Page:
Print (Aaron Stielstra) is a hired gun who takes a huge amount of pride in his work. From the offset, and with the help of his narration, we learn during his first onscreen kill that he likes to cap each hit off with finesse. He sees his work as a form of art � despite the mess he can leave his victims in. Hence, we first see him stuffing the corpse of a suspected cattle thief into the gutted cadaver of a cow ...

But Print is growing wary and tells us of a feeling he has that God is telling him to make his next job his last. Far from being some religious epiphany, however, Print is quick to back himself up by claiming his retirement is not down to any sense of guilt ... simply "fatigue".

His best pal Hank (Kevin Giffin) seems to reinforce this notion, having long since hung up his hired gun and now at peace acting as the local barber.

Enter craggy-faced Mr Paul (Brett Halsey, appearing in the credits here as Montgomery Ford), Print�s boss. His latest job is more flavoursome than normal: he wants Print to take out Heinrich Kley (Dan van Husen), the local brothel�s owner.

It transpires that the softly spoken German, who tends to chickens in his free time, has been gleefully enforcing abortions upon any of the resident whores who have been careless enough to fall pregnant. Paul has more personal reasons for being bitter towards Kley, and tells Print to make this particular kill "quick ... and dirty".

There are just a couple of snags.

Firstly, Kley�s motives for his deeds may not be as psychotic as Paul suggests. The more Print observes, the more he learns (even if Kley�s religious ramblings are contradictory to much of his actions).

Secondly, and more pertinently, Print has been saddled with the task of training hot-headed young killer-in-the-making Lee (Derek Hertig). He�s a reckless youth without a hint of Print�s creative style. Print is therefore determined to teach Lee a thing or two about killing with imagination and grace, before he calls it a day.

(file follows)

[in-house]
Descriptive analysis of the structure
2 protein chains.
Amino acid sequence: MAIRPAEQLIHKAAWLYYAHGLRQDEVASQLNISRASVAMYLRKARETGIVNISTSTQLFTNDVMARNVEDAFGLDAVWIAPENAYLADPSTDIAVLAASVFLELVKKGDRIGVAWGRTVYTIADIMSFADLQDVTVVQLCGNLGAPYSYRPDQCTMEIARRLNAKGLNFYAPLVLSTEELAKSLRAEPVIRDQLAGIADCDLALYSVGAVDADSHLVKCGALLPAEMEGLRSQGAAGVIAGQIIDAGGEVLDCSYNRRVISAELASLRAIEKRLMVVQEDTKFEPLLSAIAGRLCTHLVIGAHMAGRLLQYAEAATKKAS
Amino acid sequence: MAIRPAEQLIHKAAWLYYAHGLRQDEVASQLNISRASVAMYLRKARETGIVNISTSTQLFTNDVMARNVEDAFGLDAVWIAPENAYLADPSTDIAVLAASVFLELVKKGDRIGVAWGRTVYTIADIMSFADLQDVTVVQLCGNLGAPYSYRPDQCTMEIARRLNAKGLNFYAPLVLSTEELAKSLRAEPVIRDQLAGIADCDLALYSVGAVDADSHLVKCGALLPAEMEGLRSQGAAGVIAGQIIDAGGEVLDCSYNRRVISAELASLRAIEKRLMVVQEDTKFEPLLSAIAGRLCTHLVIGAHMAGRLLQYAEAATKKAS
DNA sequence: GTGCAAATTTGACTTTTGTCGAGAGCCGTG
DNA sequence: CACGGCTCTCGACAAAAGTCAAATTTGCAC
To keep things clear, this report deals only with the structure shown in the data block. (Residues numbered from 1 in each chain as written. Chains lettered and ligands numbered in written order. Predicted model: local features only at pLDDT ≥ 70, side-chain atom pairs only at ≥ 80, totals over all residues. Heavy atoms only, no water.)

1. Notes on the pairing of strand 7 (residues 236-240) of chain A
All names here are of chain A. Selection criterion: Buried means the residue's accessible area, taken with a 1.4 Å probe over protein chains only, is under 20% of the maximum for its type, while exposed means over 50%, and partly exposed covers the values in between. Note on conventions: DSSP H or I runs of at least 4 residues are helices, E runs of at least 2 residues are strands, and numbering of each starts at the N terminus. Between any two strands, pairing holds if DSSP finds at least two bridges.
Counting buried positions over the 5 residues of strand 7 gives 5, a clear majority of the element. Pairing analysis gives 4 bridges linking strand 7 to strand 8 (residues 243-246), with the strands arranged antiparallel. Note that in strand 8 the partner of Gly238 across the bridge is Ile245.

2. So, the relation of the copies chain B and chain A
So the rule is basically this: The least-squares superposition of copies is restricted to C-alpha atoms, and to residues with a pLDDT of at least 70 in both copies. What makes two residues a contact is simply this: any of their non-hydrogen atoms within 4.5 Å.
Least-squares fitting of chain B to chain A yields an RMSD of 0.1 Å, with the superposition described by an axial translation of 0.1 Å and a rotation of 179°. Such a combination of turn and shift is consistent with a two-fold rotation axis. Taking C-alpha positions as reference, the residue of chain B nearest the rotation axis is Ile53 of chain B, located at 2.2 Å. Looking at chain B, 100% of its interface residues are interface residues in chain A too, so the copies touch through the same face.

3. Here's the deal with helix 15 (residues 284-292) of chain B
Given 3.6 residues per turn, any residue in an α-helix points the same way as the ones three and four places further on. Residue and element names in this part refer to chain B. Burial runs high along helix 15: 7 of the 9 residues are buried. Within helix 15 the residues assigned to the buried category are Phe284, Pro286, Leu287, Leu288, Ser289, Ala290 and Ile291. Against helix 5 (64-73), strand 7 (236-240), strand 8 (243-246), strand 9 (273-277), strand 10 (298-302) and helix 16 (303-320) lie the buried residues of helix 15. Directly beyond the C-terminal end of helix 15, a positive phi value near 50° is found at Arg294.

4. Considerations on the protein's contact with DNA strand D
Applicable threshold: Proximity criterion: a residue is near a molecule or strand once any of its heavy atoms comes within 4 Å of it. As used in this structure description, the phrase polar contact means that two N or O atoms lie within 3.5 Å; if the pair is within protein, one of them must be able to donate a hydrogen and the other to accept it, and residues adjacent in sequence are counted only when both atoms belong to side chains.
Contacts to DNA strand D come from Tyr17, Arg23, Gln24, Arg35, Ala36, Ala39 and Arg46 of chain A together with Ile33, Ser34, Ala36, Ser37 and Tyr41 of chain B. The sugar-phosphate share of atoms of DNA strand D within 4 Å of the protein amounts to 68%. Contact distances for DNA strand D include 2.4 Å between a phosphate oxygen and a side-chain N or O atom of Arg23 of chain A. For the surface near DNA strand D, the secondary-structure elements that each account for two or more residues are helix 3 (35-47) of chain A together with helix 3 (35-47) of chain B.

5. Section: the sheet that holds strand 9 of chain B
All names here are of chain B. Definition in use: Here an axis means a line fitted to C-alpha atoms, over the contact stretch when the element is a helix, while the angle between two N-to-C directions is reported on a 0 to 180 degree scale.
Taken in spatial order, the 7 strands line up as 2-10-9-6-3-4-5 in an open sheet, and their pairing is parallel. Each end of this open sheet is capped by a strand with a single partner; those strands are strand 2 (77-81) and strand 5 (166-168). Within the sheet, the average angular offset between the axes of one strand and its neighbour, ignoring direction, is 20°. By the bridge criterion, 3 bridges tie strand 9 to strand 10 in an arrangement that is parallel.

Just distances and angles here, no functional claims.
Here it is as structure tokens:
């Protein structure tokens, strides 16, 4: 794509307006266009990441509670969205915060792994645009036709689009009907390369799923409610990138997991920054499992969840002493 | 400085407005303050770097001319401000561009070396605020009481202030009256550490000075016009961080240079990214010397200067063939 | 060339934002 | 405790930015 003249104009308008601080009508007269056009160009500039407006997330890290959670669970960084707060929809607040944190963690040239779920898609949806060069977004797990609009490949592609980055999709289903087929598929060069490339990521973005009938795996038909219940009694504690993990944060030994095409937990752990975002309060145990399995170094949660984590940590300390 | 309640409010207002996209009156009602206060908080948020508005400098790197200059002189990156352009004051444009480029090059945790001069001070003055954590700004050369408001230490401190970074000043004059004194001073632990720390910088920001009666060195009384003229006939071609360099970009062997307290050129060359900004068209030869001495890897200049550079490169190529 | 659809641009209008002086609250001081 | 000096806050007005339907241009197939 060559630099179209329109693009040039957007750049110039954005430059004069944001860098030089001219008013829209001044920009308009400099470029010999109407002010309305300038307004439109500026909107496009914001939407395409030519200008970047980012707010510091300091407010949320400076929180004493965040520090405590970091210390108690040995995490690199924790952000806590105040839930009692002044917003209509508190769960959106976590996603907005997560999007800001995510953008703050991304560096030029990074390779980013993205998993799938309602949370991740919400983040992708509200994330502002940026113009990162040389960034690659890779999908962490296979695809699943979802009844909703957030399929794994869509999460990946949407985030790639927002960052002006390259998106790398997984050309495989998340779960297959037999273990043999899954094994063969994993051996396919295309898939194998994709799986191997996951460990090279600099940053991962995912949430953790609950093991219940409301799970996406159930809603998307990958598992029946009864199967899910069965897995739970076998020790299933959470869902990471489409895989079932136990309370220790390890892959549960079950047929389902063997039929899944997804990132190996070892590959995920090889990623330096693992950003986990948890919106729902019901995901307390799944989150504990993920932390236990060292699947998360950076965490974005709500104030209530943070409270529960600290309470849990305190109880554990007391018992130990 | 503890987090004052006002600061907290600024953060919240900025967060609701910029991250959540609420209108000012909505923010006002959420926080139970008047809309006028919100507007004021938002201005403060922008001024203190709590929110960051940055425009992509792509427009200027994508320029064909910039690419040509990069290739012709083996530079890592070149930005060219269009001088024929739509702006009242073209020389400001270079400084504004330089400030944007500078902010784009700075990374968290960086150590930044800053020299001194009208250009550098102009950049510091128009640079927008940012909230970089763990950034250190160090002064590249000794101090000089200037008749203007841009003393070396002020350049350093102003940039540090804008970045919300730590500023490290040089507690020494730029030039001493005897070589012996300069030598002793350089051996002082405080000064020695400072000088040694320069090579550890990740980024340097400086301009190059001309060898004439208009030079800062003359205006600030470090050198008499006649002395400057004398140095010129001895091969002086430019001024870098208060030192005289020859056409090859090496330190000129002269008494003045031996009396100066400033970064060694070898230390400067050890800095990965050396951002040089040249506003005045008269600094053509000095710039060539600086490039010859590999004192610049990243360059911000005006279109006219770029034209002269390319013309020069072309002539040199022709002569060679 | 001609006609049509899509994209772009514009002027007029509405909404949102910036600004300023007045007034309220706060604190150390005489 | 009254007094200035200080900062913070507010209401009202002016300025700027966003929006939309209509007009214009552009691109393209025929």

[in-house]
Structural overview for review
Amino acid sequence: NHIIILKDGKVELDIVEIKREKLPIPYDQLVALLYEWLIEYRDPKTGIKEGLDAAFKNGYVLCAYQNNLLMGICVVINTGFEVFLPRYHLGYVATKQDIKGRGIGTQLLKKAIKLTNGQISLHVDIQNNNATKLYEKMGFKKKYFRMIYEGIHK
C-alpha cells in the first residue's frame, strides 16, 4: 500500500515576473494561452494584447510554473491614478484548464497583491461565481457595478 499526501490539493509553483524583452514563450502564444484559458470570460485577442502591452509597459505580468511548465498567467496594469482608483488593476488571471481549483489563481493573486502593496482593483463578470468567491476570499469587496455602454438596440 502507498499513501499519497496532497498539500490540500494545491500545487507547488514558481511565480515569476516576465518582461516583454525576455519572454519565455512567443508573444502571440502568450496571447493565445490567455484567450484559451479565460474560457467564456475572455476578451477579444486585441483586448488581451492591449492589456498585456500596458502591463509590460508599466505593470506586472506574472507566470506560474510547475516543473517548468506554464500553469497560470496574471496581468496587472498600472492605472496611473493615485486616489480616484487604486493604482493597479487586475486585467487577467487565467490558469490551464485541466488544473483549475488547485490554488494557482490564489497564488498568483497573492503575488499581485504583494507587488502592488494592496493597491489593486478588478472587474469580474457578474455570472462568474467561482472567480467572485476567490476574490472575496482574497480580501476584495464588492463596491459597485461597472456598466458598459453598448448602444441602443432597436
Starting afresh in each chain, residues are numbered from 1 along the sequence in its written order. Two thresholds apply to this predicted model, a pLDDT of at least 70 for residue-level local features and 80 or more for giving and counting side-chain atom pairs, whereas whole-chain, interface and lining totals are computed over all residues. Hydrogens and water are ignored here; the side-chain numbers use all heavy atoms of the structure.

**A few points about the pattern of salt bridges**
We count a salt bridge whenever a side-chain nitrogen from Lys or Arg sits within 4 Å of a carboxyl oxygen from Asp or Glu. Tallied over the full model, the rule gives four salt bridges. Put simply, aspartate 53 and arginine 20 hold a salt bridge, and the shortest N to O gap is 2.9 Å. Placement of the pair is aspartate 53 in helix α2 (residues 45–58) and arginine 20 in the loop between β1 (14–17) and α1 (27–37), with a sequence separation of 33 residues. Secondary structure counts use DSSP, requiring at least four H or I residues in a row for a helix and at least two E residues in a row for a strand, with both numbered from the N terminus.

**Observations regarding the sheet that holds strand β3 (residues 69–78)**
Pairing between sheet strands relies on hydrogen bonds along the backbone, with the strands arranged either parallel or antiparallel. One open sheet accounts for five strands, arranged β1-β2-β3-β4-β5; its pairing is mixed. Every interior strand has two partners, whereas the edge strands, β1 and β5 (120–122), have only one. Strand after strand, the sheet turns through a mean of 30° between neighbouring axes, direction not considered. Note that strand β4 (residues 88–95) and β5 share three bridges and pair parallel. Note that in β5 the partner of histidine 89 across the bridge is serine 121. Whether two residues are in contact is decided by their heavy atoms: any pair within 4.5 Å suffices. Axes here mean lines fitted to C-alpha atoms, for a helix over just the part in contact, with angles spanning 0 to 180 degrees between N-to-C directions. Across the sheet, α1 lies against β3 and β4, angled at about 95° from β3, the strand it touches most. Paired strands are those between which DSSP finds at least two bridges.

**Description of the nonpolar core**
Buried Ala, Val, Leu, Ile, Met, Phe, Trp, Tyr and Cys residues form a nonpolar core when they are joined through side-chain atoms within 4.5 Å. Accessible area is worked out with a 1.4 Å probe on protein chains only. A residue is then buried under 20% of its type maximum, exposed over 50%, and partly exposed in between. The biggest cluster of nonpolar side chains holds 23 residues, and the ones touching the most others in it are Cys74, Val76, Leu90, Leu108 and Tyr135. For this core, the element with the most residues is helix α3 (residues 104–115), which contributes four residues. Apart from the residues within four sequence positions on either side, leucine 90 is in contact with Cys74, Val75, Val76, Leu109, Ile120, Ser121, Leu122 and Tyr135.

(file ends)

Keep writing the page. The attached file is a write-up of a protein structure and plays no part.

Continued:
No matter that when the pair of them are together they look like a folk duo ...

The brainchild of a sextet of film fans who dreamed of making an old-fashioned �tough guy� film together, THE SCARLET WORM was made largely thanks to one of them being established filmmaker Michael Fredianelli (THE MINSTREL KILLER; XENOBITES). Okay, his legacy isn�t fantastic so far, but his experience is undoubtedly greater than the others concerned: the remainder are authors, publicists and film site curators (the most high profile of which is arguably film historian Mike Malloy). Still, Fredianelli welcomed them in to his Wild Dogs production banner, and the fruits of their labour are indeed impressive.

For a start, the film looks the part. The Californian desert location is utilised superbly, mixing sun-kissed terrains with authentic-looking old school grit and dust. Cinematographer Michael A Martinez has a background working in music videos, and it shows through his slick compositions. The cast are dressed suitably, and performances come complete with steely stares and hard-as-nails delivery of hard-as-nails dialogue.

Slow-motion shootout sequences and extremely splashy squibs echo the best work of Sam Peckinpah, while an elegiac tone also brings the great man to mind. In this respect, THE SCARLET WORM leans more to American Westerns as its reference points, rather than the Spaghetti offerings it at first suggests it may follow.

For a start, there is less focus on conflicts between good and evil here than in the classic Italian blueprints. Everyone here is pretty much equal in terms of badness � and they don�t seem too concerned with ideas of redemption either.